WP Rocket LazyLoad Plugin

The full WP Rocket paid plugin does a ton more than just lazy loading, and in my mind, it's a must-have for any serious WordPress site.

There are other plugins that can let you use lazy loading, for media in general, for specific files and assets, or with more customizability. You can always browse around to find one you like.

Another option is to use the Better YouTube Embed Block. One of the nice things about the Gutenberg editor for WordPress is that the blocks aren't all predefined. You can create custom blocks and add plugins that add new kinds of blocks with built-in features.

Better YouTube Embed Block

This one works pretty cleverly. It's just like any other block you insert into a WordPress blog post; all you need to do is plug in the YouTube video link you want to embed. The block then loads the thumbnail image from the video, which looks like a clickable play button for the video but loads in a fraction of the time. It's still lazy-loaded as well, so even that doesn't slow down the page. When a user wants to watch the video, they click on it, and then the video pops in to be fully embedded. There is a bit of delay there when it happens, but it's not forced on everyone loading the page, just the people who want to load the video.

If you're not using WordPress, you can do something similar with a little bit of code. Here's an example.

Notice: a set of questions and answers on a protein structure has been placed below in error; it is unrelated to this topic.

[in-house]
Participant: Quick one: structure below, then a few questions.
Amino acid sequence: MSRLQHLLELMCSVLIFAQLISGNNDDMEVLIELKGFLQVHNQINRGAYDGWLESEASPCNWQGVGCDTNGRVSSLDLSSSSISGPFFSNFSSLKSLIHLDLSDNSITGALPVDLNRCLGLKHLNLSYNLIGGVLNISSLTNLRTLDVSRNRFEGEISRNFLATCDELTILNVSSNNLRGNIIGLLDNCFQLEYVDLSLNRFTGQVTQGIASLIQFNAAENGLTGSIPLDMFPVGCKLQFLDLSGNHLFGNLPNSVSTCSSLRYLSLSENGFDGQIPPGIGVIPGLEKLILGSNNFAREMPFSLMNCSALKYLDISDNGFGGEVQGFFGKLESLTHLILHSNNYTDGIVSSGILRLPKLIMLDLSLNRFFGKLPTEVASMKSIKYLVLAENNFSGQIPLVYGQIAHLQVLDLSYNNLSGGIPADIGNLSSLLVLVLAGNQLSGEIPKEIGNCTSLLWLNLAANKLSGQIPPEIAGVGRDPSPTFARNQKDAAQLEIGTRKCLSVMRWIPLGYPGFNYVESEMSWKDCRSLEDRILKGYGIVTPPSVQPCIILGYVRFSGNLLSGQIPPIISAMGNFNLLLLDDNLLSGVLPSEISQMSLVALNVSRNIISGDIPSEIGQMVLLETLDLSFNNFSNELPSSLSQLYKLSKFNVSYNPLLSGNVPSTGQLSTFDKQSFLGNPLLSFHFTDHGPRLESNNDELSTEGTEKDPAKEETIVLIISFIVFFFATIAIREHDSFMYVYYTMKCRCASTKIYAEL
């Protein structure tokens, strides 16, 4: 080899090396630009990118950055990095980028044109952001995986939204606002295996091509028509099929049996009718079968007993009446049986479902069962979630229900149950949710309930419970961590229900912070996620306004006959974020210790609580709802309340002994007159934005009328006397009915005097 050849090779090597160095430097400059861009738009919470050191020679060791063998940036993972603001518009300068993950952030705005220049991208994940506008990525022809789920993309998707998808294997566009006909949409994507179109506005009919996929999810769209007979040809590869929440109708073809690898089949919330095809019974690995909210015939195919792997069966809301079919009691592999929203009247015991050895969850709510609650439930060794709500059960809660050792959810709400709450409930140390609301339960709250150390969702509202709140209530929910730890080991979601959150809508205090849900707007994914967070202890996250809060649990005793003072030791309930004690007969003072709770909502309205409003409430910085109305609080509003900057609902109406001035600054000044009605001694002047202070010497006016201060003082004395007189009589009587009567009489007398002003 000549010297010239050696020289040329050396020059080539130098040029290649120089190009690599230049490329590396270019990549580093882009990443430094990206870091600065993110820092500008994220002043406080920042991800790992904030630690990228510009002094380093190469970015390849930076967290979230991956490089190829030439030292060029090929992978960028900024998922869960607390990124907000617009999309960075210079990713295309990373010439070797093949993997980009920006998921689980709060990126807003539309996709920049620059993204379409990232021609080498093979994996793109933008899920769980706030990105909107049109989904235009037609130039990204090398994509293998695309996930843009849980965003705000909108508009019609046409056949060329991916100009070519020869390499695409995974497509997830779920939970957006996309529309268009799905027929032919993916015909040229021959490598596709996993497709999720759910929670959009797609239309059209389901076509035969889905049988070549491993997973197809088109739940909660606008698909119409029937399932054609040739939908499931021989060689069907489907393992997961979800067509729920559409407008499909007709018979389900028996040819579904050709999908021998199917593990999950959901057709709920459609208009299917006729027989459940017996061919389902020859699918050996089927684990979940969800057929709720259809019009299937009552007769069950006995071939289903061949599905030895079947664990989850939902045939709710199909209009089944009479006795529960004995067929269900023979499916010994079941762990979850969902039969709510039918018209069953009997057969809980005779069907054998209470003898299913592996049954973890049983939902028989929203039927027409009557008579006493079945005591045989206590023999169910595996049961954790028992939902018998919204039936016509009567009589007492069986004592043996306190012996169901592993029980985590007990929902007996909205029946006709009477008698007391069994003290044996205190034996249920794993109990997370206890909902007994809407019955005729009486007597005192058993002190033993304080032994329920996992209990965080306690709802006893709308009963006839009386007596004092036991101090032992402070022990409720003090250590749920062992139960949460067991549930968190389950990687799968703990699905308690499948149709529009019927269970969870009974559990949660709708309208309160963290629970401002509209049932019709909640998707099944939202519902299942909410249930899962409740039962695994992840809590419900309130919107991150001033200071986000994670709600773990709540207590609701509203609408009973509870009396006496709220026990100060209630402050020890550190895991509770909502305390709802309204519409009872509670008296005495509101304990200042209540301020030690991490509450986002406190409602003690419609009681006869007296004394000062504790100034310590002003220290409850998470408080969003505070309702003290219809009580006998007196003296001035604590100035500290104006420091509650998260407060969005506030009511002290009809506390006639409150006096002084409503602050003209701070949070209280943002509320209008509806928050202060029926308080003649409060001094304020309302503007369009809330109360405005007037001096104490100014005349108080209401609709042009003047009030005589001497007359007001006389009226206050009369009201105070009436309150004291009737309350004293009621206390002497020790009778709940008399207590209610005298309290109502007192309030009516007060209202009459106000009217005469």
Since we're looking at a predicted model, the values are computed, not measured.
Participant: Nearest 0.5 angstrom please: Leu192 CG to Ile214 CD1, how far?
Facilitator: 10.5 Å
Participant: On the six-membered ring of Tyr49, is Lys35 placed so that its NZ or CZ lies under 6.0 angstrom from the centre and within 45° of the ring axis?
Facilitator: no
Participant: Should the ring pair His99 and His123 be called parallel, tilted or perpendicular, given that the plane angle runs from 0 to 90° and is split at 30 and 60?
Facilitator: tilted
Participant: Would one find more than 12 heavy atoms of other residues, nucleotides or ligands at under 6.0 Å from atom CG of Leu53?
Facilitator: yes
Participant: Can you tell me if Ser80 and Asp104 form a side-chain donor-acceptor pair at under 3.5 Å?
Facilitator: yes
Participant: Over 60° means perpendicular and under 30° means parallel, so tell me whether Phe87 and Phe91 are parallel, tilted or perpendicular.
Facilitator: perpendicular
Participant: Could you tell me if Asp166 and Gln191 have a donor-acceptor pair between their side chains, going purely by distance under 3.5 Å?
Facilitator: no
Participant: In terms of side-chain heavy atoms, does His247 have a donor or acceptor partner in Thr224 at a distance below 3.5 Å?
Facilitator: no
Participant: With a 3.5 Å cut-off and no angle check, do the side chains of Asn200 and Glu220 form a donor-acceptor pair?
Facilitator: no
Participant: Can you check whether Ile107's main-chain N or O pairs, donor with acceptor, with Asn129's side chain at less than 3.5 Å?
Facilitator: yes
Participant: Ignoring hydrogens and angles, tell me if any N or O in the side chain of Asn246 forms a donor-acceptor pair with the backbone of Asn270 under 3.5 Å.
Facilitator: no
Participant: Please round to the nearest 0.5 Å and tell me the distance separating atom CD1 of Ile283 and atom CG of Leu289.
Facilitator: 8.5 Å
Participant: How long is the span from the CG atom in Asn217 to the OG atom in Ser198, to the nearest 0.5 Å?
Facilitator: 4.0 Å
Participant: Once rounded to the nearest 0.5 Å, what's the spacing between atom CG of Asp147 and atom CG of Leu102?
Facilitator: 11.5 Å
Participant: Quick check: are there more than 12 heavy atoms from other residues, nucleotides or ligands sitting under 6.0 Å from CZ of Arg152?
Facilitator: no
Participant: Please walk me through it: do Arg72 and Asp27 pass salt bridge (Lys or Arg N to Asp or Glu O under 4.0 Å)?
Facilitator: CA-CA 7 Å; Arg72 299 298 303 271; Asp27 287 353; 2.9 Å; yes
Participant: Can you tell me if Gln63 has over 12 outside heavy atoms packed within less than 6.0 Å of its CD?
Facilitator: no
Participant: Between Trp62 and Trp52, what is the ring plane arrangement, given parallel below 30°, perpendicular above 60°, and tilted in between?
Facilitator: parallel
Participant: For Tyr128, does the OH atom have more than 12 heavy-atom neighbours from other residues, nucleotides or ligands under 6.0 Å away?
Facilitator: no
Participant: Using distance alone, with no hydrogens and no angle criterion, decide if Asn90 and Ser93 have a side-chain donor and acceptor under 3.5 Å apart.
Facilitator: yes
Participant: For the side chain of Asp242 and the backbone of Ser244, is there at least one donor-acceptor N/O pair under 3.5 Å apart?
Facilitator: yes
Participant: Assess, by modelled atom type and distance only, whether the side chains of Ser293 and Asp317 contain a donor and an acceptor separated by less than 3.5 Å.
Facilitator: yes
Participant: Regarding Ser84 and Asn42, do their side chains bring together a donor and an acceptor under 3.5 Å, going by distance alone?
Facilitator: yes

If you're not comfortable modifying your site-wide code, I put together a widget that can help as well. My tool here just asks for the embed code or URL of the YouTube video you want to embed. When you run it, it generates a version of the embed code with a built-in lazy loading script, which you can then use the same way you would any other embed. It'll work the same way; it's just lazy-loaded. It is quick and easy but manual, so you have to do it each time you want to embed a video on a new page.

Content Powered YouTube Video Lazyloading Tool

So, there you have it. Quick and easy ways to speed up a site while keeping YouTube embeds around. Now, all you need to do is the hard part: make the videos. I can't help you with that one, but I can help you with the blogging content if you need it. I've been at this blogging game for a while now, and while the industry continues to change, one thing is always necessary: great content. Need great content? Drop me a line, and let's talk.

Written by James Parsons

James Parsons is the founder and CEO of Content Powered, a premier content marketing agency that leverages nearly two decades of his experience in content marketing to drive business growth. Renowned for founding and scaling multi-million dollar eCommerce businesses through strategic content marketing, James has become a trusted voice in the industry, sharing his insights in Search Engine Watch, Search Engine Journal, Forbes, Entrepreneur, Inc, and other leading publications. His background encompasses key roles across various agencies, contributing to the content strategies of major brands like eBay and Expedia. James's expertise spans SEO, conversion rate optimization, and effective content strategies, making him a pivotal figure in the industry.